Agnes (her pseudonym) was a pioneering transgender woman who participated in an infamous gender health study conducted at UCLA in the 1960s. Her clever use of the study to gain access to gender-affirming healthcare led to her status as a fascinating and celebrated figure in trans history.
In this playful cinematic exercise that blends fiction and nonfiction, director Chase Joynt (No Ordinary Man) uses Agnes’s story, along with others unearthed in long-shelved case files, to widen the frame through which trans history is viewed.
Through a collaborative practice of reimagination, an all-star cast of trans performers, artists, and thinkers – including Angelica Ross (Pose), Jen Richards (Mrs. Fletcher), and Zackary Drucker (Transparent) – take on vividly rendered, impeccably vintage reenactments, bringing to life groundbreaking artifacts of trans history. This collective reclamation breaks down the myth of isolation among transgender history-makers, breathing new life into a lineage of collaborators and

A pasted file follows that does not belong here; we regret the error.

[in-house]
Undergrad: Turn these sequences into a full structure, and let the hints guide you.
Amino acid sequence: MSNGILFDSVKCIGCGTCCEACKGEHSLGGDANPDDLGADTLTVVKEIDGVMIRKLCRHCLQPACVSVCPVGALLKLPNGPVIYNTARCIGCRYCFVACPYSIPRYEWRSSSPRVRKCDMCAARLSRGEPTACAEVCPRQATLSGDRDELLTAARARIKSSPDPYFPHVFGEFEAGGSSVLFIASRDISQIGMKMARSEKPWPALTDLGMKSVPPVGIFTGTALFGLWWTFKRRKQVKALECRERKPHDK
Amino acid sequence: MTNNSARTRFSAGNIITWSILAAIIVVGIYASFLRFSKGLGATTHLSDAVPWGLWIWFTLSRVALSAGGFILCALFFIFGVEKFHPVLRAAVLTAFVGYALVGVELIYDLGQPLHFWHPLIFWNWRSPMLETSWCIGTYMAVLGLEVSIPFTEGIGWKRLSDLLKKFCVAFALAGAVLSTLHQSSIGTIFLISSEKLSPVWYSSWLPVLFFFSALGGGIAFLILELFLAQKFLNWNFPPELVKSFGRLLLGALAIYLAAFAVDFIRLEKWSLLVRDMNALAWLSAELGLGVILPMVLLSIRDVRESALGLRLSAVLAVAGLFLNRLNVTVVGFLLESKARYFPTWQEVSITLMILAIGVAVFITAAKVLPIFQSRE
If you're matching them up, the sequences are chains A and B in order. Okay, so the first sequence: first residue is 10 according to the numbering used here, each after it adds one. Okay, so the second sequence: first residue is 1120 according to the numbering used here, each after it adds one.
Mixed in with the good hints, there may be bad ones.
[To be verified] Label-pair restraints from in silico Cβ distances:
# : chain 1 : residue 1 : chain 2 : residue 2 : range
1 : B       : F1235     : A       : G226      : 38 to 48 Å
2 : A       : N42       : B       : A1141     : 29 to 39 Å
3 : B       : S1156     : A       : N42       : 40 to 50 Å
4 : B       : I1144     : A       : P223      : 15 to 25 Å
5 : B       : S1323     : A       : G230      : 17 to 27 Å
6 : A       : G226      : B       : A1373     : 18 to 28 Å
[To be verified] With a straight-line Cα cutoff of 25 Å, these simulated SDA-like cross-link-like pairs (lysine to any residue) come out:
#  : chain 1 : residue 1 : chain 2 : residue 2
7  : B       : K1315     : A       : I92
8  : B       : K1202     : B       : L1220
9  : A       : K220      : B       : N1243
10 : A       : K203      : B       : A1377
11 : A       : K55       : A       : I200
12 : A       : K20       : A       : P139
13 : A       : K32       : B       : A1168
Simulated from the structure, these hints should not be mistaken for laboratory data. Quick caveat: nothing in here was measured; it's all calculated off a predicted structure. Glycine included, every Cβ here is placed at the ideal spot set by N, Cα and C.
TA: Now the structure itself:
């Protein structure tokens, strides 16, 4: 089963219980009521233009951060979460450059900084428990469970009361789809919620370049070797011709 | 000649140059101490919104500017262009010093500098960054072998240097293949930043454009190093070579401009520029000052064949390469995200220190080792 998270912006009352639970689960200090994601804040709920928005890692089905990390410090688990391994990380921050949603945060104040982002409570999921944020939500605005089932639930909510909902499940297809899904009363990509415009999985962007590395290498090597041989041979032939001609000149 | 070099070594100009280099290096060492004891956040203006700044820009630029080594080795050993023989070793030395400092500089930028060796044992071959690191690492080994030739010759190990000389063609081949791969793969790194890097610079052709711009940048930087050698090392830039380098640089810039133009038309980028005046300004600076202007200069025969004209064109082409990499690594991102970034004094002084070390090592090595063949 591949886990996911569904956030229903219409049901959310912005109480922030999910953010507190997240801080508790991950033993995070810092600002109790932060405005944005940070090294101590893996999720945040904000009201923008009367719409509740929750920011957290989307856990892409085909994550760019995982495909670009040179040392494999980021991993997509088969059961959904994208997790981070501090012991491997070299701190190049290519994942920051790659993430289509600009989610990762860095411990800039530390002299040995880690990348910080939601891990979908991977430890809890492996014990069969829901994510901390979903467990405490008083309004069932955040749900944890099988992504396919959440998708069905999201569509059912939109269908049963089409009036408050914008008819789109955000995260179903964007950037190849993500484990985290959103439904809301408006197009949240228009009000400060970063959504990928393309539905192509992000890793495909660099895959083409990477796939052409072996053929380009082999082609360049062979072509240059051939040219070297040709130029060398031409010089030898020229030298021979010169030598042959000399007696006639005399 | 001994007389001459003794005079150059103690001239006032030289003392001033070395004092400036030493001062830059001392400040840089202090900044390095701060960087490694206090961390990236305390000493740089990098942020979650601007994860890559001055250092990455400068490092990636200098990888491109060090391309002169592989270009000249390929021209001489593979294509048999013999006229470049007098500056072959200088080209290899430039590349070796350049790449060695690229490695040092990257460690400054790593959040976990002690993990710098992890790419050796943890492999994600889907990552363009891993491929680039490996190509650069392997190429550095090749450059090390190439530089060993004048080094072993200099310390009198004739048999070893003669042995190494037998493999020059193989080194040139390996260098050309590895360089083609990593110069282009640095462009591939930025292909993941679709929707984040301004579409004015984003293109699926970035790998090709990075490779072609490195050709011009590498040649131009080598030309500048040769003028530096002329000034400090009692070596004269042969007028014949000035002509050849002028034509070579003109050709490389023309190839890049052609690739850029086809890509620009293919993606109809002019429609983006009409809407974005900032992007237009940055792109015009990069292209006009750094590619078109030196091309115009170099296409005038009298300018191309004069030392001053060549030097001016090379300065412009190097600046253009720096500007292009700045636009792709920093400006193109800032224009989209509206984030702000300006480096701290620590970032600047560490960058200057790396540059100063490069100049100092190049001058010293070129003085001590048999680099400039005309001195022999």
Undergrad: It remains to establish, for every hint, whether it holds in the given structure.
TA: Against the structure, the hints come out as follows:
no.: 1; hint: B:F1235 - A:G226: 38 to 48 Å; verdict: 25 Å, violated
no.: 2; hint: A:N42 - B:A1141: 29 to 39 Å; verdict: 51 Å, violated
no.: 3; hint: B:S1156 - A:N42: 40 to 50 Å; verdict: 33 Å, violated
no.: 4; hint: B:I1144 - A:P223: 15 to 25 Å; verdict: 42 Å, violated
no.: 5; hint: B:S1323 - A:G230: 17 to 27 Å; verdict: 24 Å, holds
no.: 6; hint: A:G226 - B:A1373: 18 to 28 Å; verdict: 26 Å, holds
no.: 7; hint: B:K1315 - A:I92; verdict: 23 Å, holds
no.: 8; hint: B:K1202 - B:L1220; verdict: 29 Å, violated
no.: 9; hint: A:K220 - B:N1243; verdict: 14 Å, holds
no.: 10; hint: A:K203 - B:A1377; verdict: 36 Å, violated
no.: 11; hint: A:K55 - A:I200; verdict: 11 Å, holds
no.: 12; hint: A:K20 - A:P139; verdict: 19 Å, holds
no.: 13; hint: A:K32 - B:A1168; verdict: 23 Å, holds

conspirators who have been forgotten for far too long.
Examining and upending these narratives, as Framing Agnes aims to do, will illuminate not only how media narratives about trans people have changed over time, but also how the concerns of an era are read onto the bodies of some of the most marginalized in society without their consent. While Canada moves to affirm non-binary identities legally, America bans transgender troops, and the UK systematically loses its mind in a panic over our bodies, Framing Agnes—and its new telling of trans history—couldn’t come at a more urgent time.